In order for Web components to be accessible they must meet three general guidelines that allows all users to manipulate and interact with the controls. They must be:
- usable via the keyboard
- usable by people with various levels of vision
- usable via assistive technology such as screen readers and screen magnifiers.
Naturally there are more detailed steps required to meet and test for full accessibility but these are the three basic principles.
IBM’s first contribution was to the ARIA specification itself. The original idea and implementation originated within the IBM Emerging Technologies Group. It was donated to the W3C where it is going through the W3C Specification process within the Protocols and Formats Working Group that is part of the Web Accessibility Initiative (WAI) of the W3C.
In order to use this widget via the keyboard, the user must be able to move between nodes within the tree and open and close each node. When focus is on a tree node, if an up or down arrow key is pressed, focus will move to the previous or next node respectively. When focus is on an expanded node, pressing the left arrow key will close the node. Likewise, if an expandable node has focus, pressing the right arrow will expand the node and makes its children visible. IBM engineers participated in the definition of keyboard accessibility, and then followed the keystroke behaviors listed in the WAI-ARIA Best Practices Guide to implement it in all of the core widgets.
For the tree control this means identifying the control itself with a role=tree. Each node is identified with role=treeitem. If the node has children, it is also marked with aria-expanded=true if the children are currently visible, and aria-expanded=false if the children are not visible. The currently selected node is identified with aria-selected=true. Figure 2 outlines the roles and properties for a Dojo Tree Control.
When the screen reader tabs into this tree control, focus will land on the Egypt node since it is the selected node. The JAWS screen reader will announce the following, “Tree view open, Continents open, Africa open, Egypt, to move through or expand items, use the arrow keys.” All of the Dojo core widgets have been implemented with ARIA information so the screen reader user has full information about each control and its current states and properties.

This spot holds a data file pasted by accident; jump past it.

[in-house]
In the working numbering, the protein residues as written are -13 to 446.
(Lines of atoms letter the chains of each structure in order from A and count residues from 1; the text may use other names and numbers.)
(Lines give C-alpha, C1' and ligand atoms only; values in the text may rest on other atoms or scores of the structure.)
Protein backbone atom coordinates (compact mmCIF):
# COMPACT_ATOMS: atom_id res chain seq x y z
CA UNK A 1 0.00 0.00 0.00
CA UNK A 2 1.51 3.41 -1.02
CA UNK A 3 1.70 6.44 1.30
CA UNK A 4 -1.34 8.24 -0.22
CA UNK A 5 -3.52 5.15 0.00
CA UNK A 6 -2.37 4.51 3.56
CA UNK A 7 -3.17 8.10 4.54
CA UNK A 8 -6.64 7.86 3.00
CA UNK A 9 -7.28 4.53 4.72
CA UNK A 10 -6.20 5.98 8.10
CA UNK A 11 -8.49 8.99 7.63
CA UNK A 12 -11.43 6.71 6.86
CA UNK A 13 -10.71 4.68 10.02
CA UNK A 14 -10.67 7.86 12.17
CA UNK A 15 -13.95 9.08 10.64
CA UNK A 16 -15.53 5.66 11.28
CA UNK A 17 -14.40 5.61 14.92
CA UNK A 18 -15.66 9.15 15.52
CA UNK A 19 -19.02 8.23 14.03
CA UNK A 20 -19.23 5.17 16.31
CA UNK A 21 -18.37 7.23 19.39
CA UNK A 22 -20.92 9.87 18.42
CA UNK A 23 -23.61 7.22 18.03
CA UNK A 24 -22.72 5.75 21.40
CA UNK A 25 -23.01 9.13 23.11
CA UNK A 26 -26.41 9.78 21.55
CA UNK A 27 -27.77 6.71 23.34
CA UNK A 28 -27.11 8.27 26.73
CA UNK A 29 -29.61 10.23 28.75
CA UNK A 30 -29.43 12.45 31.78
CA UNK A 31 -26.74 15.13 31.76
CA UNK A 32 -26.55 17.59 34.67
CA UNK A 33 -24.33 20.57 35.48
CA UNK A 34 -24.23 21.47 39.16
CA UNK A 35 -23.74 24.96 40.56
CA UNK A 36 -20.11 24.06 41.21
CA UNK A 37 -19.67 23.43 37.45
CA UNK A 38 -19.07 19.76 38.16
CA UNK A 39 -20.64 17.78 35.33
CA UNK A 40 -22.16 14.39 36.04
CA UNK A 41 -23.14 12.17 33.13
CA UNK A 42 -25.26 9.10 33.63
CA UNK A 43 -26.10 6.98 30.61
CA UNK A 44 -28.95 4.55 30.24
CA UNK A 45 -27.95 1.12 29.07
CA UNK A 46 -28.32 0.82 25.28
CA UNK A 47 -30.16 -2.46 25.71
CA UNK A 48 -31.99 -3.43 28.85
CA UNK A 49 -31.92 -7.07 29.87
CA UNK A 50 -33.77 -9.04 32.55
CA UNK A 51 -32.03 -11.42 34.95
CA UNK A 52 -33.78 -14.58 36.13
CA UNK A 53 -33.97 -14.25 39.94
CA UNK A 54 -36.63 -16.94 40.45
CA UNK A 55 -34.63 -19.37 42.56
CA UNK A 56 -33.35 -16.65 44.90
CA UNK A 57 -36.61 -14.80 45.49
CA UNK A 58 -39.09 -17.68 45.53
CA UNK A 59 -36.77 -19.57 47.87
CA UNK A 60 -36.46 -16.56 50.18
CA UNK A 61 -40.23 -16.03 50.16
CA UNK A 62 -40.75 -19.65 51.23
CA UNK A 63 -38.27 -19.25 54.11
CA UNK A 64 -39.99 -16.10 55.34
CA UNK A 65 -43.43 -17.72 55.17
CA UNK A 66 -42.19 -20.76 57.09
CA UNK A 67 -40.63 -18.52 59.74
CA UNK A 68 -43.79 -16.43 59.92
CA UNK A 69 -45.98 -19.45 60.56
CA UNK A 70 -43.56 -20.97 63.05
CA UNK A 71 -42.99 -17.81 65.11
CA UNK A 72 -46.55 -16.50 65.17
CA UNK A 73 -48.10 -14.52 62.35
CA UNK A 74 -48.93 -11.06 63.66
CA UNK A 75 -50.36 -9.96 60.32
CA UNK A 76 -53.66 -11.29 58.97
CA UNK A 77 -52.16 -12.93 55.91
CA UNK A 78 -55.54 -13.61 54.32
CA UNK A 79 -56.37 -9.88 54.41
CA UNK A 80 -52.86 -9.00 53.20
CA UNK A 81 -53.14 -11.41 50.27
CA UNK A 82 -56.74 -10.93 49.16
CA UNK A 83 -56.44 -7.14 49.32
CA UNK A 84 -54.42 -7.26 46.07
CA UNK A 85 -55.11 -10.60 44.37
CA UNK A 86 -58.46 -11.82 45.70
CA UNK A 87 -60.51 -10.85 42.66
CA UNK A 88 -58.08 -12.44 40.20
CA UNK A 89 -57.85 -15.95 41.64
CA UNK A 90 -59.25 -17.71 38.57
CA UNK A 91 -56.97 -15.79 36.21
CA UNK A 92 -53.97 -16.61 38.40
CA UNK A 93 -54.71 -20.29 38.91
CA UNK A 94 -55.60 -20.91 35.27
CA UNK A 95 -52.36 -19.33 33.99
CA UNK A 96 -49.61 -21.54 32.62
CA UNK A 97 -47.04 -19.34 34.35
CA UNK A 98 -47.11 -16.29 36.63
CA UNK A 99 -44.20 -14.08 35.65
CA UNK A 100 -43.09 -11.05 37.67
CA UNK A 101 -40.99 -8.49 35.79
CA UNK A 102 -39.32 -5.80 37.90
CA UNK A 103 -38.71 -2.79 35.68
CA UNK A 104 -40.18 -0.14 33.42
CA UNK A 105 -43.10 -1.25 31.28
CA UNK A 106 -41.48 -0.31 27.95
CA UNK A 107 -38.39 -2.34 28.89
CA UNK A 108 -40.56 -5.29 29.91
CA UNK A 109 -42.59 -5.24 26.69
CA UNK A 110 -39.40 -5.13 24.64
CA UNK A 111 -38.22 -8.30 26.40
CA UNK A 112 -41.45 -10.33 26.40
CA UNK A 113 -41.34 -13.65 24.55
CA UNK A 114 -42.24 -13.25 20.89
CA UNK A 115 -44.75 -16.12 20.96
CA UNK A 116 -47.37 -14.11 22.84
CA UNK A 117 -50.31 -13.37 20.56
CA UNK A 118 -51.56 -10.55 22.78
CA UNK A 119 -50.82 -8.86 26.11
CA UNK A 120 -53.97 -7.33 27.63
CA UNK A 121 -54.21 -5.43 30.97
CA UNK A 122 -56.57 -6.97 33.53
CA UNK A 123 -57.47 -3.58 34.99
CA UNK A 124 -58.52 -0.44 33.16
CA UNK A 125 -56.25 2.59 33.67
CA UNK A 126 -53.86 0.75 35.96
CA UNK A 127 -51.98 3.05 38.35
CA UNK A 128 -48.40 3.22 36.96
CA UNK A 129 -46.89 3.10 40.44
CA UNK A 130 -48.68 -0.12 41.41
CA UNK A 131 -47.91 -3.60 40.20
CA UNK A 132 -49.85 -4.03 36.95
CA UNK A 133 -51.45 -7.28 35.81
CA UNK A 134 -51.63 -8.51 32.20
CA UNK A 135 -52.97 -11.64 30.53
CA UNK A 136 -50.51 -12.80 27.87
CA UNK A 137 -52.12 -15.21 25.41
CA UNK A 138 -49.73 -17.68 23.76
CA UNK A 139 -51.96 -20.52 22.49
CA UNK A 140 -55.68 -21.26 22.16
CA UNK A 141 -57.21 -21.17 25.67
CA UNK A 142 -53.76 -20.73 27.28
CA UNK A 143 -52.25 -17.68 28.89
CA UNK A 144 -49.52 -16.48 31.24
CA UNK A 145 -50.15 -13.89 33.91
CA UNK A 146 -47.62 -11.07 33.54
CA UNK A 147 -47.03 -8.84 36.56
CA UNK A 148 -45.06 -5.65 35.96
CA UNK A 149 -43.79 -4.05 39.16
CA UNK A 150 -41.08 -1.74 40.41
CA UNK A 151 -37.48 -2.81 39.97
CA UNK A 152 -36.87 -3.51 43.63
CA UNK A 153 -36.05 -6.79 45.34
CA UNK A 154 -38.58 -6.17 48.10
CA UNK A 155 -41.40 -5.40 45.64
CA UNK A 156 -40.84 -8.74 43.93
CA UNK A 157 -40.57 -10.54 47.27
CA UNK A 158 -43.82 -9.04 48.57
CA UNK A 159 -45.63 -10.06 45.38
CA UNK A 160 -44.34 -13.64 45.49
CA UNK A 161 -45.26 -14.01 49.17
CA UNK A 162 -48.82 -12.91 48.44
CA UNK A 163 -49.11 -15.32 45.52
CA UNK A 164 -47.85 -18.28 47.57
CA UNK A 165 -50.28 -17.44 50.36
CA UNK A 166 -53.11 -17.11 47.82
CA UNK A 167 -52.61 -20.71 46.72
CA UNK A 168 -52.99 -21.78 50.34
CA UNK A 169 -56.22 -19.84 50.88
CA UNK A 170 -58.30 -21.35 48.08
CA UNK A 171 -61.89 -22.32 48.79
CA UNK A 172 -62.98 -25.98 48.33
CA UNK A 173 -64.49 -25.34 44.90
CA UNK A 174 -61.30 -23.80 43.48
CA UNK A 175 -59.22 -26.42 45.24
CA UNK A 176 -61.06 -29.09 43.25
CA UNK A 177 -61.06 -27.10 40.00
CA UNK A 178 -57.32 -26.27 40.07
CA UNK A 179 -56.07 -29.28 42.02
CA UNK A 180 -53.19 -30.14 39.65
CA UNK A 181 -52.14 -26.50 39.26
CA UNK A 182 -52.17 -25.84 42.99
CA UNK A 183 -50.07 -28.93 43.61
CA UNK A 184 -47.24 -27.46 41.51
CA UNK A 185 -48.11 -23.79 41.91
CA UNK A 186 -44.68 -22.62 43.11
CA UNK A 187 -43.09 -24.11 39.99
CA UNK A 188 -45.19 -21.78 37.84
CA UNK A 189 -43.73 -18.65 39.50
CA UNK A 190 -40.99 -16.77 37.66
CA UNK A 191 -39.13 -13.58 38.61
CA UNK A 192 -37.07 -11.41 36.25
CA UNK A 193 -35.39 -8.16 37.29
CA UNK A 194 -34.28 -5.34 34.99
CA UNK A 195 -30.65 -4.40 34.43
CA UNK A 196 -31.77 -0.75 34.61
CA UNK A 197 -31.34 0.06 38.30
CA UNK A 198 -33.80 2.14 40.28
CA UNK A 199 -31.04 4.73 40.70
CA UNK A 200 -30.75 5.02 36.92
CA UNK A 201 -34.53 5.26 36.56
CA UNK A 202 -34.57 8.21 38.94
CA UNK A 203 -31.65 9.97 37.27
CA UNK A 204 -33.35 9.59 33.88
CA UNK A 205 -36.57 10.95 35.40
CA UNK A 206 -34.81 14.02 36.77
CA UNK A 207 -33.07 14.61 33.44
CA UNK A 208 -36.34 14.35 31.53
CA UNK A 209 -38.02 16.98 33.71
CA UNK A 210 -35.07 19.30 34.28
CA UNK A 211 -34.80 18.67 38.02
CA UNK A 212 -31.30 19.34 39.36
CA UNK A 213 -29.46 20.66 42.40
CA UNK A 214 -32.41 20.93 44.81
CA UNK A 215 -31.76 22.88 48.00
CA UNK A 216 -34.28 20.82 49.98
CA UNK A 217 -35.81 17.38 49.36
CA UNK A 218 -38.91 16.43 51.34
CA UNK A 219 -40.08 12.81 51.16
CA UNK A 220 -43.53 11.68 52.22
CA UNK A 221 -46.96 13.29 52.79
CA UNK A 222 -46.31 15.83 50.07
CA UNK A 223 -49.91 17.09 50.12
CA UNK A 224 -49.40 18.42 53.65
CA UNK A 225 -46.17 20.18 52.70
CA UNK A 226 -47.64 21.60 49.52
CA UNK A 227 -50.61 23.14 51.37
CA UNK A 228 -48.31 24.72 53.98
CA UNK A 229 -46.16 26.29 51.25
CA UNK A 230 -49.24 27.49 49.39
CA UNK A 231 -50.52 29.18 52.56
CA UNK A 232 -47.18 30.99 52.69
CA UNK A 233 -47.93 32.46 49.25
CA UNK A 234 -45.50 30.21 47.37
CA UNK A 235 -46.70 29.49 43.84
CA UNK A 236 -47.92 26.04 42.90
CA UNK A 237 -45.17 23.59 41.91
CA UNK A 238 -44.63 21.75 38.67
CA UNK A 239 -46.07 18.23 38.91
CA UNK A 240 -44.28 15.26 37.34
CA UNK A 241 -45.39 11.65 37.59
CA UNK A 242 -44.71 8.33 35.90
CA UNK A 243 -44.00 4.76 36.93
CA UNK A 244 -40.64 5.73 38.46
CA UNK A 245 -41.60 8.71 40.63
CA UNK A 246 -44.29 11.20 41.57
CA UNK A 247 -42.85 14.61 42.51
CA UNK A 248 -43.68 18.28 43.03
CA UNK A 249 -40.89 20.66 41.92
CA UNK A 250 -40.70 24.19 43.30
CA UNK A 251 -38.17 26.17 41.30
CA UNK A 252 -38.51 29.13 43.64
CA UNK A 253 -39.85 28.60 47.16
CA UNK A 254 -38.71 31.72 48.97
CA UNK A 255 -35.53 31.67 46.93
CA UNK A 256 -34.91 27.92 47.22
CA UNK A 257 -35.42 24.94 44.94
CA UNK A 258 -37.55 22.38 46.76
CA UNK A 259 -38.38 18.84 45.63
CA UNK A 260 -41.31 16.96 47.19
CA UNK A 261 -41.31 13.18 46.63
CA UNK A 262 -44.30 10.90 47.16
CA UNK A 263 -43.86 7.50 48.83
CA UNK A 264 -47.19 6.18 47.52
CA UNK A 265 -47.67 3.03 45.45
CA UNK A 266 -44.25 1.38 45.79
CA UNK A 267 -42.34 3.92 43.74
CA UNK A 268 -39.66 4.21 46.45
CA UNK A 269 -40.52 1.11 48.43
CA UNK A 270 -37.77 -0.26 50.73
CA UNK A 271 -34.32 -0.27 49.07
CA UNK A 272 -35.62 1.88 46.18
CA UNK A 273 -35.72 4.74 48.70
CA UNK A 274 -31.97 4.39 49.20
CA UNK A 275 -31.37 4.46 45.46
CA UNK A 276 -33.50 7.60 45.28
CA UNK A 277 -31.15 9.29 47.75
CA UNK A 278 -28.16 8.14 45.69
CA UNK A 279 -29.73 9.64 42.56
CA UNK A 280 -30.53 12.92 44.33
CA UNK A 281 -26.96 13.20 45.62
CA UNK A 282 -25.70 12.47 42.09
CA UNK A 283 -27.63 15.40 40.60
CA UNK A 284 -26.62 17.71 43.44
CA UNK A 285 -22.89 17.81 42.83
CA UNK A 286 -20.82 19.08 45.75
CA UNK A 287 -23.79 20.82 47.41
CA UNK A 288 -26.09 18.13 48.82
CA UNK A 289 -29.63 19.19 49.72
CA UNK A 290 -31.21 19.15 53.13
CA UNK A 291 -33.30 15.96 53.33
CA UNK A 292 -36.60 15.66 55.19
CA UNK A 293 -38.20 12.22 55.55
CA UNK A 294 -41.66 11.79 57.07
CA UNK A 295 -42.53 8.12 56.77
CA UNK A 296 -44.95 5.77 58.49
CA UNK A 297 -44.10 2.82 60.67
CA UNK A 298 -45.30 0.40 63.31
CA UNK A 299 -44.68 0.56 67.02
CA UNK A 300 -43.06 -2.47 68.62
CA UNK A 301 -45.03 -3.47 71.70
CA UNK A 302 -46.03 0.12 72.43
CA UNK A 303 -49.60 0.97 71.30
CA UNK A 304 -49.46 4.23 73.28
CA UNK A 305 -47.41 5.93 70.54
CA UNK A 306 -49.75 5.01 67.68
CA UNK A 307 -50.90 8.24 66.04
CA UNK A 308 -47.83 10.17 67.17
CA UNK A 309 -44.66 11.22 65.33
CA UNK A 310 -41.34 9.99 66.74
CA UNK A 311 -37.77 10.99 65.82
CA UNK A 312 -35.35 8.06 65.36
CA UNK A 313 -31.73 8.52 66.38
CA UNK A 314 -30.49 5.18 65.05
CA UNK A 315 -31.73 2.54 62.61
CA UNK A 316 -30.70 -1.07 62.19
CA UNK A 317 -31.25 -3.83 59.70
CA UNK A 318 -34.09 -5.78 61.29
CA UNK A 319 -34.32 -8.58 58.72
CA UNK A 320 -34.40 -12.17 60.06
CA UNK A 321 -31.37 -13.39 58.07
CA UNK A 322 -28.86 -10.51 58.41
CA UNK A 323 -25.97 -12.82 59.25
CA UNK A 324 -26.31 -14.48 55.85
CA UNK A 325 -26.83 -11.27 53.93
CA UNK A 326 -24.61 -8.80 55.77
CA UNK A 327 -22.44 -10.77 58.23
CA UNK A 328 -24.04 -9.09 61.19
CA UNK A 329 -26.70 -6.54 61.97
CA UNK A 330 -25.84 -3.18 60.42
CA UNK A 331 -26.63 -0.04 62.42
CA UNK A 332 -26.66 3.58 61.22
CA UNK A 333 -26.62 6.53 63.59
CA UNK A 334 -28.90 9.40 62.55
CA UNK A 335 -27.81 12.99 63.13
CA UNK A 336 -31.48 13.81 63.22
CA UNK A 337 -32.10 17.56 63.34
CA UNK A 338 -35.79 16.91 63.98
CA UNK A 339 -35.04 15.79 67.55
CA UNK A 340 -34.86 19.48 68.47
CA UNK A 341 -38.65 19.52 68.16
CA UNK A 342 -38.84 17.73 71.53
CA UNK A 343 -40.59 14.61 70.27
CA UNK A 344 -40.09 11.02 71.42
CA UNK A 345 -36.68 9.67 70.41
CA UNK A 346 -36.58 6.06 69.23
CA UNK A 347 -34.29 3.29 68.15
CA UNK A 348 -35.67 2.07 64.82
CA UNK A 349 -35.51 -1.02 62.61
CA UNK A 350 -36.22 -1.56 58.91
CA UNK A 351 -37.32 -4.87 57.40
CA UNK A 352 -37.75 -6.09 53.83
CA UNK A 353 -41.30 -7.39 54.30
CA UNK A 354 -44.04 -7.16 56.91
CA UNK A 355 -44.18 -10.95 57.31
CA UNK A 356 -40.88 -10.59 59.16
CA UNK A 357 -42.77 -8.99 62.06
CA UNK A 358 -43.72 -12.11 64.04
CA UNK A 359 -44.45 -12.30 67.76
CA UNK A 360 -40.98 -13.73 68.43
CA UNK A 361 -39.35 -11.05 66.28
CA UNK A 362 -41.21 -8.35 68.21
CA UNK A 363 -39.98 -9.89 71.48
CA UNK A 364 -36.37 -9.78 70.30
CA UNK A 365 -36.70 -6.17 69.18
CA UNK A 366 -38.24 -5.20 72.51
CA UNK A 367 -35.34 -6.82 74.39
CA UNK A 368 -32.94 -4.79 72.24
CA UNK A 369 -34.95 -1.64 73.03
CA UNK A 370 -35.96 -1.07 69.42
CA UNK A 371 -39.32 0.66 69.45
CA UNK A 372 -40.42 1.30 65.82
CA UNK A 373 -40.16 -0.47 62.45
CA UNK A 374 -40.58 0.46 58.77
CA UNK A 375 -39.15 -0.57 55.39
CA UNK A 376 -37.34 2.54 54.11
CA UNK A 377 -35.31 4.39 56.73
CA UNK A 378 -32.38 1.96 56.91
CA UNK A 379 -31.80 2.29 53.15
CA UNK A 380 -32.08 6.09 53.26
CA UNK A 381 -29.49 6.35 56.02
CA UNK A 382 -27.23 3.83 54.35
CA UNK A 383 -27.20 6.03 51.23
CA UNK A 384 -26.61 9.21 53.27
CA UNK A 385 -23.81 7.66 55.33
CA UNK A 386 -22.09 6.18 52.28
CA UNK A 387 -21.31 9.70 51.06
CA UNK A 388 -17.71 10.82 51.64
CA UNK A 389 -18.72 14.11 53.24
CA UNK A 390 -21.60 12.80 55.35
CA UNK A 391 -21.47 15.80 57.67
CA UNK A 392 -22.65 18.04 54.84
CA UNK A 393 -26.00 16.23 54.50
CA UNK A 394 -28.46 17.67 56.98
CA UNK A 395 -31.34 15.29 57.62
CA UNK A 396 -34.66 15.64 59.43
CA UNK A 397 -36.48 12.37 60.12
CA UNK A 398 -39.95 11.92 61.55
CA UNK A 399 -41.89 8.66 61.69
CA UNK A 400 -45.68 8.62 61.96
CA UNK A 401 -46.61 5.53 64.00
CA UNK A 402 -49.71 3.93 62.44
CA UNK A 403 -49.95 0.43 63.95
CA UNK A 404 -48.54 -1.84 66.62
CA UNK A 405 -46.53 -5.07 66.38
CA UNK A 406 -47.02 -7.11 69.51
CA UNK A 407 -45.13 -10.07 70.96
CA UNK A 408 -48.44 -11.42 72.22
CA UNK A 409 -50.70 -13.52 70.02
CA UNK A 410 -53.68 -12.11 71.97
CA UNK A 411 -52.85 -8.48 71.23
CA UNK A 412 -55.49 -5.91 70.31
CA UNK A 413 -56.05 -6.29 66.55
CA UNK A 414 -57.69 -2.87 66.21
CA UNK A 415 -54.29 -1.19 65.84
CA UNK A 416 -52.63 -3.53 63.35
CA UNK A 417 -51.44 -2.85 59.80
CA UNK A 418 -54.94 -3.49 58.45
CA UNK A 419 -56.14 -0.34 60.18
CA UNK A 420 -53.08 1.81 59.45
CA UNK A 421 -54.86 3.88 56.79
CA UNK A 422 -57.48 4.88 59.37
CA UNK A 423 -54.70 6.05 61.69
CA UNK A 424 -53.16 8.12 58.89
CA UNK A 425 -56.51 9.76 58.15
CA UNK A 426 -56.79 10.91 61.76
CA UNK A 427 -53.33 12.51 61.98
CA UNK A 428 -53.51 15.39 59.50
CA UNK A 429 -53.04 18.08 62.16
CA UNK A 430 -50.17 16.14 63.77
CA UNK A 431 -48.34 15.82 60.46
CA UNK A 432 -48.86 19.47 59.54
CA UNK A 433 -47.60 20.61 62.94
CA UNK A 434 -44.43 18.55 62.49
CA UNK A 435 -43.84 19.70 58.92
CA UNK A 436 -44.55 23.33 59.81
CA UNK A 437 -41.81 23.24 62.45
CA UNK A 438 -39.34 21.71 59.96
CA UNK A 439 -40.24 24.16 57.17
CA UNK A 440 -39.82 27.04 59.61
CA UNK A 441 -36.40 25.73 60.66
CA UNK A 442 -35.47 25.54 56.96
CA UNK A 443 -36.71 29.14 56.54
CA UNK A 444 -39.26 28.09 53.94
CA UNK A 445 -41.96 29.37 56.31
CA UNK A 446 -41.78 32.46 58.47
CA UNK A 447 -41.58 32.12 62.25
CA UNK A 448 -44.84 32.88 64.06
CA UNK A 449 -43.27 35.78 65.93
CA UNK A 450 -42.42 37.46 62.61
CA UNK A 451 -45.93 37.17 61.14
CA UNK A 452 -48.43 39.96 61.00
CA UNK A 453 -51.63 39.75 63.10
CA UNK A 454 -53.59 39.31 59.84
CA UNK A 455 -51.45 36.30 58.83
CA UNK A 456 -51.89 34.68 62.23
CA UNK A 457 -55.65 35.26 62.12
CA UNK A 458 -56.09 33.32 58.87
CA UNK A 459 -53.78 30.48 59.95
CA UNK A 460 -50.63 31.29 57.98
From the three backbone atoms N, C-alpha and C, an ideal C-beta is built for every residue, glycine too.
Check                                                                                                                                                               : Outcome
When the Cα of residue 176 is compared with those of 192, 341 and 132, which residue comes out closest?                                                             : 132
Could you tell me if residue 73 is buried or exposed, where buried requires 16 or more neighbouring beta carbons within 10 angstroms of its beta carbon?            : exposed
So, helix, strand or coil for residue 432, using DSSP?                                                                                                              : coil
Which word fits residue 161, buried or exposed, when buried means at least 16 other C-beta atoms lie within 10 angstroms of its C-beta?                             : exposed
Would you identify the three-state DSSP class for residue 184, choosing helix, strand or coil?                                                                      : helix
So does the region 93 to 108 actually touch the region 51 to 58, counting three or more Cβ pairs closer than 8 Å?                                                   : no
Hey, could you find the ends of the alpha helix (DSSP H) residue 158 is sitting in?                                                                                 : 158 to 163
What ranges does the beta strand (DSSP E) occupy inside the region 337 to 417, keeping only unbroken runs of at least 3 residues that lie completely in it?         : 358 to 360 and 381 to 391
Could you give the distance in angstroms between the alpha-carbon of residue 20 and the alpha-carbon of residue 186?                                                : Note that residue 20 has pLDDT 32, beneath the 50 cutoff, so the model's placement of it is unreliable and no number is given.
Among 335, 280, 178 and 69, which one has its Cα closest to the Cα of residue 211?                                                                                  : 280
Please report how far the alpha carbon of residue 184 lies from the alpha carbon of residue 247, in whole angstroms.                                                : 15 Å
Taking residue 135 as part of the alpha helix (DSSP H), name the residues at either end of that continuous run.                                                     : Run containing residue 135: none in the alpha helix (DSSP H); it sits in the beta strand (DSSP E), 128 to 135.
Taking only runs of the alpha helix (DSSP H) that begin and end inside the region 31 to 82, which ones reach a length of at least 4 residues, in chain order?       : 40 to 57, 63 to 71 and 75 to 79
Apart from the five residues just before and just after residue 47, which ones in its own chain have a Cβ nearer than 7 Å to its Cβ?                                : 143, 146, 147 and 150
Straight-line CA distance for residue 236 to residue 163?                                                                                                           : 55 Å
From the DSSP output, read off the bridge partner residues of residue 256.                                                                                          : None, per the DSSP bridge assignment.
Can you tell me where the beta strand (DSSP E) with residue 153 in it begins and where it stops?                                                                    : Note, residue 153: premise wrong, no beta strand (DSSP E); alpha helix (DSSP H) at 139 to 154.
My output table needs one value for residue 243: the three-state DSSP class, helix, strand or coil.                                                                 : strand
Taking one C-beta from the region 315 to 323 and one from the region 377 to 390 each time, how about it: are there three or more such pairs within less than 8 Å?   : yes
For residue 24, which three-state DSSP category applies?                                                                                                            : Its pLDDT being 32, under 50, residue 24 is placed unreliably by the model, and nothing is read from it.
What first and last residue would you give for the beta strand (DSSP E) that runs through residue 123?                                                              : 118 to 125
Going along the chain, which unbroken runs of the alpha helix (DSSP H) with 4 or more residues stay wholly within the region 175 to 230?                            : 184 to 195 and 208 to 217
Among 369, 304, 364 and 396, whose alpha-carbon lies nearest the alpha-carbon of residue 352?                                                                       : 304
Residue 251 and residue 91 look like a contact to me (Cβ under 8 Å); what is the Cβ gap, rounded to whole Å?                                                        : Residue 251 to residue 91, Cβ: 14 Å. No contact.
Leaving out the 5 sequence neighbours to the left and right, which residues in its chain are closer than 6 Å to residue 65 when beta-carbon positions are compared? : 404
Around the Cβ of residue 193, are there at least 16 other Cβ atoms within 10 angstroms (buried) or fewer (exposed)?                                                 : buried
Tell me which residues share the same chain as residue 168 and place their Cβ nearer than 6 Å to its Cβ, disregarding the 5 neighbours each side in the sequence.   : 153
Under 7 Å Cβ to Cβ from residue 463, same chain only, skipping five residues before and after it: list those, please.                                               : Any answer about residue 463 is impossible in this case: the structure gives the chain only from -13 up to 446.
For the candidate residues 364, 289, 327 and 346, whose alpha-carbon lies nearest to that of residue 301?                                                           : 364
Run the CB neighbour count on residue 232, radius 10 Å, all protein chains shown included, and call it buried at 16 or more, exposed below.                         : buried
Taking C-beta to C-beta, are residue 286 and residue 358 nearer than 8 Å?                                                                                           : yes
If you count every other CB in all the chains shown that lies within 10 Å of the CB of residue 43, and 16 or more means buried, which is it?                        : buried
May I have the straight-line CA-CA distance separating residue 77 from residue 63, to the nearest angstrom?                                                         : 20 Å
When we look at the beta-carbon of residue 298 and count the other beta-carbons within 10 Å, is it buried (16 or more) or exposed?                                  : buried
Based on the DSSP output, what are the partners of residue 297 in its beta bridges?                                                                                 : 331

With keyboard and screen reader support accomplished, IBM engineers had to provide support for users with low vision. In order to accommodate low vision issues, the control must work at various font sizes and must not rely on text color or CSS background images to convey critical information. Consider the plus and minus images within the tree control that visually indicate whether or not a tree node is expanded or collapsed. For performance reasons, these images are implemented using CSS. The problem with that approach from an accessibility perspective is that some low vision users rely on setting high contrast mode on their Windows computer to make items on web pages easier to distinguish. High contrast mode removes all background images and color information specified via CSS, and displays the page with just three colors -- foreground, background and selection. In order to support the use of high contrast mode, the IBM and Dojo engineers worked out a mechanism to detect high contrast mode and to provide appropriate text equivalents for background images, and to represent active states via changes in border style rather than just changes in background color. Figure 3 shows the tree control in high contrast mode. The plus and minus background images are replaced with the text characters ‘+’ and ‘-‘, the non-expandable node is indicated by ‘*’ and the selected node has a dotted border.
Figure 4 shows an example of the New Message page in a mail application.
Figure 5 shows the same page in high contrast with black as the background color and white as the foreground.
While the high contrast page is not as aesthetically pleasing, it does convey all of the necessary information to a user, such as text equivalents for the toolbar icon, the active tab page, the icon to close the current tab, and so on.